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Scam alert: most impersonated companies this year

Scammers pretend to be with a company or service you use
USPS Truck
Posted at 6:00 AM, Apr 22, 2024

Scroll through your recent text messages and e-mails and you'll probably come across an impersonation scam, sometimes called imposter scams.

If you are not familiar with the term, it is where scammers claim to be with a company or service you do business with.

What's most alarming is that the agency impersonated the most is one that stops by your home almost every day of the week, according to a new report.

Ann Loreaux almost fell victim. She is an avid shopper and gets several packages a week delivered to her Victorian home.

"I order a ton of things," she said. "Sometimes I don't know what's coming."

So when she received a text message from the postal service about a problem with a recent delivery, she paid attention.

"It stated that my package was delayed due to an incorrect address," she said. "And it had the logo, and it looked very official."

She was about to respond with her address and other information when she had second thoughts.

"And then, in the back of my mind, I heard your voice," Loreaux said, "warning me so many times about scammers."

Ann Loreaux

Which businesses and services are targeted the most

The US Postal Service was the top impersonated organization of 2023, according to the Better Business Bureau.

Its new report, based on complaints to the BBB, shows the following services and companies are most impersonated.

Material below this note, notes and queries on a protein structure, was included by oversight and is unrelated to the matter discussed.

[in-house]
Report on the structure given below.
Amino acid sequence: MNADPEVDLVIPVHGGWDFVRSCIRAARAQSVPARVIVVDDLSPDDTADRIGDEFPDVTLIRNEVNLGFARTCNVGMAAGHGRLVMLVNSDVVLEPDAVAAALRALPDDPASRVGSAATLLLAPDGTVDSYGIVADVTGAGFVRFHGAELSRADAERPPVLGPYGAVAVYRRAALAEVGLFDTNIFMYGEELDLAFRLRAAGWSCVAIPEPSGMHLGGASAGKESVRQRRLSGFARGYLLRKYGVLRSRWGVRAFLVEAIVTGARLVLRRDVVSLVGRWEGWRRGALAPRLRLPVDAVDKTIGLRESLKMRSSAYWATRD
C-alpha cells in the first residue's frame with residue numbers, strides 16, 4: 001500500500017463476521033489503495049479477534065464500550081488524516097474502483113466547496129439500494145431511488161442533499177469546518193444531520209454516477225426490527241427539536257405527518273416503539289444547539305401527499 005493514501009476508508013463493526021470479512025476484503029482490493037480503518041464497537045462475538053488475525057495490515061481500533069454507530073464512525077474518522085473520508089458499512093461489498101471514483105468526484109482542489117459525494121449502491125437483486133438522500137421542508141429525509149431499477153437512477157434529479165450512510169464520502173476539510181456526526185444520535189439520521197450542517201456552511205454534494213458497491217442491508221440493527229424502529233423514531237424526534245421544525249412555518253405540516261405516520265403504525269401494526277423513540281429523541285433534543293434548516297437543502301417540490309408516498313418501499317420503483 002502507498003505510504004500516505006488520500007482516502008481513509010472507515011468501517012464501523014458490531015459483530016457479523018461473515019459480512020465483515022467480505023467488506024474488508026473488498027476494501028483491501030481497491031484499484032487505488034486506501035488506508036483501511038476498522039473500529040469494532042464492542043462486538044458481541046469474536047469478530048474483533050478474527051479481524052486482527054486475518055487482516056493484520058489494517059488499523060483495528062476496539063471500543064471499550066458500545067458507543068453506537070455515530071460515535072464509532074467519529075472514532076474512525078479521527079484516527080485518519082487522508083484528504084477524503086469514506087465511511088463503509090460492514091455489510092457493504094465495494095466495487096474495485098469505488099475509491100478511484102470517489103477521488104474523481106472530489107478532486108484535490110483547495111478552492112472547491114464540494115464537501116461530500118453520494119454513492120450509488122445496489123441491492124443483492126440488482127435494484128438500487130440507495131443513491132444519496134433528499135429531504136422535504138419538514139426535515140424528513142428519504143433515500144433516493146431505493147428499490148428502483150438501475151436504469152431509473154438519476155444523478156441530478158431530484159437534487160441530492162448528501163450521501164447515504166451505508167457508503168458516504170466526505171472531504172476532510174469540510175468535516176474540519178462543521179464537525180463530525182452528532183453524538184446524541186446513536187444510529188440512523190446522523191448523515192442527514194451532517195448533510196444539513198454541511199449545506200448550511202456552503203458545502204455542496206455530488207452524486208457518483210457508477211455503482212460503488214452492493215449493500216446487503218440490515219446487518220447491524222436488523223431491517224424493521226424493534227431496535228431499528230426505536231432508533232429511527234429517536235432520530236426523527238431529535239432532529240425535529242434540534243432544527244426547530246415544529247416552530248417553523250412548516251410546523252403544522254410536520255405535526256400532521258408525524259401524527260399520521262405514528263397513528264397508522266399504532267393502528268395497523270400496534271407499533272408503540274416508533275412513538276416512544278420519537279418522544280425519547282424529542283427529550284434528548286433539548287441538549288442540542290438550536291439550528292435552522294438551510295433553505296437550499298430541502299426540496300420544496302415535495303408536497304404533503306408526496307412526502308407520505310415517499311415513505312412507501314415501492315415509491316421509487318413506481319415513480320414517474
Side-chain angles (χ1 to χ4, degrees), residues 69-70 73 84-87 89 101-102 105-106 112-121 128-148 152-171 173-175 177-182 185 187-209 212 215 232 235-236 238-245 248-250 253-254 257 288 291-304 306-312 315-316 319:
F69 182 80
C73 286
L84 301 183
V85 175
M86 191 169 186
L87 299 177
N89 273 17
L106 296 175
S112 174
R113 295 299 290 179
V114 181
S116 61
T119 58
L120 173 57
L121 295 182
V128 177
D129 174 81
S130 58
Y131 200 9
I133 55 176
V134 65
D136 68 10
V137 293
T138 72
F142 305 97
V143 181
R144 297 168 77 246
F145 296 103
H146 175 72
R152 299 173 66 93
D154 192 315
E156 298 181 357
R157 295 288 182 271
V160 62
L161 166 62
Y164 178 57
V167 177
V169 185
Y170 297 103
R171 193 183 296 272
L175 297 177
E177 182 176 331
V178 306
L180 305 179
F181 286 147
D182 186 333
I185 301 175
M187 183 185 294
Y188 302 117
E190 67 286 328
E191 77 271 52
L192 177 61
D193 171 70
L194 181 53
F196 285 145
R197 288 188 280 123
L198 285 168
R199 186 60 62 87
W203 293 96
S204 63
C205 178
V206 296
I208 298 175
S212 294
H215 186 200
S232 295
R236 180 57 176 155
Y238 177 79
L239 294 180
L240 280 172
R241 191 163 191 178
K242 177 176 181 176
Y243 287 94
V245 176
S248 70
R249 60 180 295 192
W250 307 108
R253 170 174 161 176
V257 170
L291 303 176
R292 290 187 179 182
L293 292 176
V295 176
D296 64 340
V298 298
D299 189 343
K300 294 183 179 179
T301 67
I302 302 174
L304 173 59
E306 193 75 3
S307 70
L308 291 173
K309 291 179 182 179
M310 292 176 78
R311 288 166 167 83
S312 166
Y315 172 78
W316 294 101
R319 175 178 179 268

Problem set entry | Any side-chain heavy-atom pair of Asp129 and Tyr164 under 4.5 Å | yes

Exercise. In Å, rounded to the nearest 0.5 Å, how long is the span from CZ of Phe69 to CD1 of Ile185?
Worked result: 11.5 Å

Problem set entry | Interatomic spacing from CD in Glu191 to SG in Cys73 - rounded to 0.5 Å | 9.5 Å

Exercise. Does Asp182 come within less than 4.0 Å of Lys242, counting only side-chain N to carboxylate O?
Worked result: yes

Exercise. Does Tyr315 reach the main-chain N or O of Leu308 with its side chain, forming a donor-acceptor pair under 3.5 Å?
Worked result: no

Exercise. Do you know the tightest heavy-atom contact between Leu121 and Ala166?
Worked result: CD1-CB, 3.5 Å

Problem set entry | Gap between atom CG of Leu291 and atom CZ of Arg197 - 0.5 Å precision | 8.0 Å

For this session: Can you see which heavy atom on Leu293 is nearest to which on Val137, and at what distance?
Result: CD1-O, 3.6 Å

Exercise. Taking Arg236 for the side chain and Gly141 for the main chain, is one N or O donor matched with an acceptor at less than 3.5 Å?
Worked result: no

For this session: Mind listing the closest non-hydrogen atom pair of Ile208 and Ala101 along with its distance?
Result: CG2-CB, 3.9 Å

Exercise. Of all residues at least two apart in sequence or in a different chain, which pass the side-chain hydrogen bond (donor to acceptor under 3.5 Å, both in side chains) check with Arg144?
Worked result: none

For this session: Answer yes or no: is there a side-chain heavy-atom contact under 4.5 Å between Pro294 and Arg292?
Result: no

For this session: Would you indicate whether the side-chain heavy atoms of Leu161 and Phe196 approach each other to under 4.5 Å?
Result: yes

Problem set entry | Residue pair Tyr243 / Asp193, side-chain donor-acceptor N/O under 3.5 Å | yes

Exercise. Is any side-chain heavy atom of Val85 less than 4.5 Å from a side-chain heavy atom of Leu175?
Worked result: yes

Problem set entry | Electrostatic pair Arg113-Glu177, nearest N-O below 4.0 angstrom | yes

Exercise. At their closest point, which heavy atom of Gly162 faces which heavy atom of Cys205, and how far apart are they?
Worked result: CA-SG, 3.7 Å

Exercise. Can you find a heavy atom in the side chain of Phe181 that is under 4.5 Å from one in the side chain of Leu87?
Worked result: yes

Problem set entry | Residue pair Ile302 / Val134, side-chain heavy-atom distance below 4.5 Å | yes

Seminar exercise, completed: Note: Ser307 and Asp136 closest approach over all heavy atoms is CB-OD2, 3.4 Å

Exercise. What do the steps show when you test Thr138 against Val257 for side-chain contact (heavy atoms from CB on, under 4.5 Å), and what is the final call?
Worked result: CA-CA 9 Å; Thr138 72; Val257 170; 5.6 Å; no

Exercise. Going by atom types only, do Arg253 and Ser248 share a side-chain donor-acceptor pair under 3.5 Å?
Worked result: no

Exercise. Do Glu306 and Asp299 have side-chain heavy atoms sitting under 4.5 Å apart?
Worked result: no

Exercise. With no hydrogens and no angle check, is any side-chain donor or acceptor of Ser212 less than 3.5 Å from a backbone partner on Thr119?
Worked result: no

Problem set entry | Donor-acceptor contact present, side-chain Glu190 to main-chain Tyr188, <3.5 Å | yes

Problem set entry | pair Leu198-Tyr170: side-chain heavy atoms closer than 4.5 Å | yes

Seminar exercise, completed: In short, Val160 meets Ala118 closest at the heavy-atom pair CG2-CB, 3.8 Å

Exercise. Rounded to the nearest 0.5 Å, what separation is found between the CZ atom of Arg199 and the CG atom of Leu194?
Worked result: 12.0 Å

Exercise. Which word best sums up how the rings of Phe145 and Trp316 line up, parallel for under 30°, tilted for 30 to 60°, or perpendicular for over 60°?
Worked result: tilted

• USPS
  • Amazon
  • Publishers Clearing House
  • GeekSquad
  • Norton Antivirus

Last year, the Federal Trade Commission received more than 330,000 reports of business impersonation scams, and nearly 160,00 government impersonation scams, often pretending to be with the IRS or other government agencies.
And while scams that start with a phone call are going down, it said fraud in the form of email and text messages is going up.

Another trend to watch out for is fake subscription renewals — when criminals phish for your information by posing as a recognized company.

Melanie McGovern of the Better Business Bureau said Netflix users may get a message saying "Your subscription has expired, and that puts people in a panic."

Instead, the BBB said to go directly to your account to check your renewal status.

And always keep track of deliveries and auto-renewal payments.

As for the post office, the Postal Inspection Servicestates on its website that USPS will not send customers text messages or e-mails unless they sign up for a tracking request.

Ann Loreaux said these messages can be very convincing.

"I think a lot of people would click on it without even a second thought," she said.

So be suspicious, so you don't waste your money.


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